OK, the title is getting fuzzier and fuzzier, but I decided to condense some things I've been reading here.


Bringing the Web up to Speed with WebAssembly:

I like compilers, and their implementations, so I've been following WebAssembly, this is a good place to look at.

Spanner, TrueTime & The CAP Theorem:

A blog post by google made the rounds lately with people saying that google was saying that they beat the CAP Theorem, so I went to the source. The conclusion is interesting:

Spanner reasonably claims to be an “effectively CA” system despite operating over a wide area, as it is
always consistent and achieves greater than 5 9s availability. As with Chubby, this combination is possible
in practice if you control the whole network, which is rare over the wide area. Even then, it requires
significant redundancy of network paths, architectural planning to manage correlated failures, and very
careful operations, especially for upgrades. Even then outages will occur, in which case Spanner chooses
consistency over availability.
Spanner uses two-phase commit to achieve serializability, but it uses TrueTime for external consistency,
consistent reads without locking, and consistent snapshots.

Bitcoin: A Peer-to-Peer Electronic Cash System:

Again, many people ranting and raving about bitcoin, blockchain and cryptocurrencies, what's better than go to the source, really readable paper.

CAP Twelve Years Later: How the “Rules” Have Changed:

I have a deja vu that I already read this paper, but just to be sure I read it again, interesting summary of the concepts and how they evolved over time.

LSM-trie: An LSM-tree-based Ultra-Large Key-Value Store for Small Data:

I wanted to read the LSM-tree paper and it seems I didn't look what I was clicking so instead I ended up reading the LSM-trie paper, which is really interesting and has an overview of the LSM-tree one, now I have to go and read that one too.

A prettier printer Philip Wadler:

In a previous post I mentioned that I read "The Design of a Pretty-printing Library" and I was expecting something else, well, this paper is a something else that I liked more.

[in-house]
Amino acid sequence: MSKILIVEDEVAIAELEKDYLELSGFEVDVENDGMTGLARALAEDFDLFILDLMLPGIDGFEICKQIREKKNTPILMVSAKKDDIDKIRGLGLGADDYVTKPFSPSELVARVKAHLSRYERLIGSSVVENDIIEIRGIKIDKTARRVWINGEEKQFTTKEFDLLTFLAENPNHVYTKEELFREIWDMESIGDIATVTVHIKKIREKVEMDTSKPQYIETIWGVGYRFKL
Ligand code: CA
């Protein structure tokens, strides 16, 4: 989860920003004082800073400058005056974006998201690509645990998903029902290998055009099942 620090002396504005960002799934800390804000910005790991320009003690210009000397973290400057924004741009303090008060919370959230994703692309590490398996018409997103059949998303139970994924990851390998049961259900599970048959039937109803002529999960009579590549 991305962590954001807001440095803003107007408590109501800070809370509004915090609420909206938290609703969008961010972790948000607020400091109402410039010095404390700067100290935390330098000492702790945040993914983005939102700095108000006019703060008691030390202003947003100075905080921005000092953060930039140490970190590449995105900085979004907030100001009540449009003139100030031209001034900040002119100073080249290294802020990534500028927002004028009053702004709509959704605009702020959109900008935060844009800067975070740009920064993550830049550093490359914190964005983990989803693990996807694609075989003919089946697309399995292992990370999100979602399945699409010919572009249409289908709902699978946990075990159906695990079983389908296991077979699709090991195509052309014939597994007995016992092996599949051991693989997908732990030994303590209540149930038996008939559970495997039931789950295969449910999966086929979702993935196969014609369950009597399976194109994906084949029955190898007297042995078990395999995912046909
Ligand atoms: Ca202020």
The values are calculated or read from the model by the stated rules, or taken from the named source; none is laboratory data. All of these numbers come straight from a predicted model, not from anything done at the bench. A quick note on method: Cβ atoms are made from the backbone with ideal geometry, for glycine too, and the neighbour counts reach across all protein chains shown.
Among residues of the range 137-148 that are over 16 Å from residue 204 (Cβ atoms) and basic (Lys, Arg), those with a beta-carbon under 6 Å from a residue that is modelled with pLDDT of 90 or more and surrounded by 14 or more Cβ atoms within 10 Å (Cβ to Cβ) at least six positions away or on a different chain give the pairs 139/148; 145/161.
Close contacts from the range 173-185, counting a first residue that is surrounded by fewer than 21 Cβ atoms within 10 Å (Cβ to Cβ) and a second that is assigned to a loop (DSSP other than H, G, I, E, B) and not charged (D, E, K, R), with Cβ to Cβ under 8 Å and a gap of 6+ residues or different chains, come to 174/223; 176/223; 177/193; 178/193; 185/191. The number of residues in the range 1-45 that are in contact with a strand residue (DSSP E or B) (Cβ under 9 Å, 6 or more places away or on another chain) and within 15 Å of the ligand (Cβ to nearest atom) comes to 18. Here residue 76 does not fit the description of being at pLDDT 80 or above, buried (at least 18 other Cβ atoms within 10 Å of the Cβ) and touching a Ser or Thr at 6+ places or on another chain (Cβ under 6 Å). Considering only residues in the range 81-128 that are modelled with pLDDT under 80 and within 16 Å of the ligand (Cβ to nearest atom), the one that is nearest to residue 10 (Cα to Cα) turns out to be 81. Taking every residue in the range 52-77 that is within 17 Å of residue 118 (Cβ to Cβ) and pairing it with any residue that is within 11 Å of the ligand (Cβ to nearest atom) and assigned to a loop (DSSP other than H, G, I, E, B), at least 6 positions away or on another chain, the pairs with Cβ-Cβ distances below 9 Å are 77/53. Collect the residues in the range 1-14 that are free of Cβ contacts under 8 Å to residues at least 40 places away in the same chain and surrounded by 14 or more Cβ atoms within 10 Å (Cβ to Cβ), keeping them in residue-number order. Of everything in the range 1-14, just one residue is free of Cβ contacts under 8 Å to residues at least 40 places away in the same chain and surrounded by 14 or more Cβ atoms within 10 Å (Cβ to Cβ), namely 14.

Metaobject protocols: Why we want them and what else they can do:

Being an aspiring Smug Lisp Weenie I had to read this one, it's a nice paper and puts a name on some "patterns" that I've observed but couldn't describe clearly.

The Cube Data Model: A Conceptual Model and Algebra for On-Line Analytical Processing in Data Warehouses:

I've been thinking lately about the relation between Pivot Tables, Data Cubes and the things mentioned in the paper A Layered Grammar of Graphics so I started reading more about Data Cubes, I skimmed a couple papers that I forgot to register somewhere but this one was one I actually registered.

End-to-End Arguments in System Design:

Someone somewhere mentioned this paper so I went to look, it's a really good one, like the Metaobject protocol paper and other's I've read, this one is like a condensation of years of knowledge and experiences that are really interesting to read.


Object-Oriented Programming in the Beta Programming Language:

Interesting book about a really interesting (and different) object oriented programming language by the creators of Simula (aka the creators of object orientation), it explains an abstraction called "patterns" in which all other abstractions are expressed.

Project Oberon The Design of an Operating System and Compiler:

Another interesting book by Niklaus Wirth, creator of between others, Pascal, Modula and Oberon describing how to basically create computing from scratch.